“If we die it’ll be for glory, not for gold!”
So exclaims our hero, Beowulf, a fixture of Anglo-Saxon mythology so old he predates English as a written language. One thousand years after its inception, the 10th century poem that fathered countless legends, is retooled for a new generation.
As England’s principal epic, Beowulf continues to seduce literary and cinematic giants alike. From loose adaptations like Lord of the Rings and The 13th Warrior, to playful spin-offs (John Gardner’s book Grendel comes to mind), the Beowulf legend continues to find traction, even in a modern age. Some entries are worth seeking (2005’s quirky Icelandic production Beowulf and Grendel), while others remain appropriately obscure (beware of anything with Christopher Lambert).
Set on the craggy shores of Scandinavia, Beowulf is centered in a pagan Germanic world not yet succumbed to civilized Christendom. It bears all the markings of an epic: The title hero, his quest, and exaggerated feats; there are frightening sea monsters, seductive sirens, and a broad geographical reach. But Beowulf owes its sustained appeal to its propensity for reinvention. With each retelling, the story is embellished further. And in the innovative hands of Robert Zemeckis (Forrest Gump) it grows two-fold.
Zemeckis wastes little time, dropping us into a vividly animated 6th century kingdom, high on Denmark’s sea cliffs. The Prince of Persia visuals are initially cumbersome, but quickly segue into clever POVs sure to engage viewers. Zemeckis’ virtual camera follows the Danes’ boisterous shouts, from King Hrothgar’s mead hall to the frayed edge of a wild forest, where the monster Grendel writhes in agony at their cheer. It’s an expertly woven scene, akin to the director’s opening interstellar sequence in Contact.
Bent by an unspoken rage, Grendel bursts into Hrothgar’s great hall, determined to silence its merriment. Backed by an unholy blue flame, the wailing troll tears the king’s thanes in half, smashing their torsos about, and squeezing blood from their bodies. It’s all pretty terrifying, and would undoubtedly send the squeamish running from their seats, had it been filmed rather than drawn. But therein lies the rub: Animation, even when it’s this good, is still mimicry.
Make no mistake, Beowulf is not a cartoon – it’s just not the “real thing”, either. The film flirts with fornication and flesh in the playful abandon of the period, but its violence (especially in the director’s cut) nearly rivals that of last year’s other sword and sandal epic, 300. The bloodletting is gruesome, but not gratuitous.
Hrothgar (Anthony Hopkins) offers up half his gold to the man, or men, capable of exorcising the demon that plagues his kingdom. And so, from across the Nordic sea come Beowulf (Ray Winstone) and his boastful crew of Geats. “The Sea is my mother,” shouts Beowulf above the crashing waves, “Ever can she take me back to her murky womb!” Even if his movements are just shy of real-time, Beowulf’s words are nonetheless stirring.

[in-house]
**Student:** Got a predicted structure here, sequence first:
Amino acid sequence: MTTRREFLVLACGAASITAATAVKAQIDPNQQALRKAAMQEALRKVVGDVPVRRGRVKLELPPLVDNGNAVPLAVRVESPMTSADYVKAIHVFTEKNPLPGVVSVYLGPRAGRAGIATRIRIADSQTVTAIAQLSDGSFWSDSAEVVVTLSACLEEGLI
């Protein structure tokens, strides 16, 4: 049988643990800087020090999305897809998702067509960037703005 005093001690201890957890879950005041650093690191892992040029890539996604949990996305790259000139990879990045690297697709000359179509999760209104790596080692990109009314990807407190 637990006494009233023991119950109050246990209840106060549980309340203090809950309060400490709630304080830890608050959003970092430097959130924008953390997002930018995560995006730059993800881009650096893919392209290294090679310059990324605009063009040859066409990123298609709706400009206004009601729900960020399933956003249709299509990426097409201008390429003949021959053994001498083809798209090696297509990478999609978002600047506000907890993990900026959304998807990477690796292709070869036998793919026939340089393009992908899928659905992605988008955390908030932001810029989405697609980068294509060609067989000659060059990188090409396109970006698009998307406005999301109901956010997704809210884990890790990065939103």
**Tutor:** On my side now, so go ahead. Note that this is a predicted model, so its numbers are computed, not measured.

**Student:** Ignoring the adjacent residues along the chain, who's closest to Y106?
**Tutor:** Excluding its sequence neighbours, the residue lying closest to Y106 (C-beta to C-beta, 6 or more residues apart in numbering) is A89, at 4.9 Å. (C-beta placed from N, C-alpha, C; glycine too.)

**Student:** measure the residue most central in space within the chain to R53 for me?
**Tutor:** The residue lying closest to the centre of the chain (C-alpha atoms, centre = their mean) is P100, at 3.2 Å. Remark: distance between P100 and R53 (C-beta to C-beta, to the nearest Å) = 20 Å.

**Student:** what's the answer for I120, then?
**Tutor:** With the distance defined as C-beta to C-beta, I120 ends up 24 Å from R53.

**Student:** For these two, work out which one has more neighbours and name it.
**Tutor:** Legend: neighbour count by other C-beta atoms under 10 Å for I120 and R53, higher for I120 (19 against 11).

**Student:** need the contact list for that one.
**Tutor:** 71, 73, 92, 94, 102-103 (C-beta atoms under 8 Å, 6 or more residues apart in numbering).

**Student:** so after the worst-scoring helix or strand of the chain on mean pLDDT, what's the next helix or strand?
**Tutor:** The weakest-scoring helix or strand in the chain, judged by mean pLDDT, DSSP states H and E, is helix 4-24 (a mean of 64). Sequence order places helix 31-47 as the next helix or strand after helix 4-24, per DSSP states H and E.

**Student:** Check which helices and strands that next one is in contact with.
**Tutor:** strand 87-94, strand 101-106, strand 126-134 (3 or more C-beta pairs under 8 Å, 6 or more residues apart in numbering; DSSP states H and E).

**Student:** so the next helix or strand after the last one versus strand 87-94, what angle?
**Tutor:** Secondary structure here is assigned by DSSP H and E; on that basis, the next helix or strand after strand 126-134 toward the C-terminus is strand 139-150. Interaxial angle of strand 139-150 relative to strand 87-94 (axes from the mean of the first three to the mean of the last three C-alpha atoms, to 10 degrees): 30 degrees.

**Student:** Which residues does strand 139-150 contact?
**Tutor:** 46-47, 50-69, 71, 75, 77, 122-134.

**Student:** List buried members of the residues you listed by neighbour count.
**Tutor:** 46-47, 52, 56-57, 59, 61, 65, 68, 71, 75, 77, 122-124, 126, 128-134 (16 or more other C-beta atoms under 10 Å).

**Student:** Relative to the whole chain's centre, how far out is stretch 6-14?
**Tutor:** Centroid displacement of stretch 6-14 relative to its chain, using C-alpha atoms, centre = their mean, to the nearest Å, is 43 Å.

Dropping all pretense of the vernacular, Zemeckis gives us reductive prose, sprinkled with Anglo-Saxon charm, and it works. More myth than man, Beowulf seems unimpeachable. He’s fearless, honorable, handsome, and articulate. Winstone (The Departed) has a warm, commanding tone, though most viewers will have a tough time placing the actor, particularly since he’s drawn to look more like Sean Bean (The Hitcher) than a portly, middle-aged Brit. At the hands of the animation team, our fabled hero is six and a half feet tall, heavily muscled, and (surely to the delight of some), clad in very little for most of the film. Of course, Hollywood’s cinematic taboos remain, sparing audiences the sight of Beowulf’s junk as he fights Grendel in the nude.
As Hrothgar, the cerebral Hopkins is a hoot – fat and naked, and uncharacteristically loopy. Even in his melancholy mood, the king seems a bit unhinged. His Queen, however, is less impressive. Voiced by Robin Wright Penn (The Princess Bride), Wealthow is shabbily drawn, and affects a tired, cynical look. Her vacant stare is meant as tacit commentary on an unhappy marriage, but plainly speaking, she’s a bore.
In an age when studios regularly employ the voices of A-listers like Eddie Murphy and Billy Crystal, audiences demand recognizable charm. We expect actors to project personality onto their animated selves, imbuing these cartoon shells with familiarity. But Beowulf isn’t Shrek, or Monsters Inc., and most of it’s not played for laughs.
Instead, Zemeckis taps into Great Britain’s trove of thespians to bring Beowulf’s dialogue to life. When our hero insists, “I’ve come to kill your monster!” it sounds brash and authentic. Rounding out the cast are John Malkovich (who seems incapable of subtlety) as Unferth, and the exceptional Brendan Gleeson (Gangs of New York) as Wiglaf, Beowulf’s loyal and good-natured captain. Gleeson’s voice has a mischievous cadence, which surfaces even from under an imposing Viking beard.
Only Malkovich stretches his character into parody. As the king’s counselor (and a proponent of Christianity), Unferth’s abusive condescension is irritating. He chastises Beowulf for his narcissism, indicting the vanity (and irrelevance) of quests. In fact, despite obligatory nods to Odin and Ragnarok, Zemeckis himself hints at the decline of the Old Norse ways.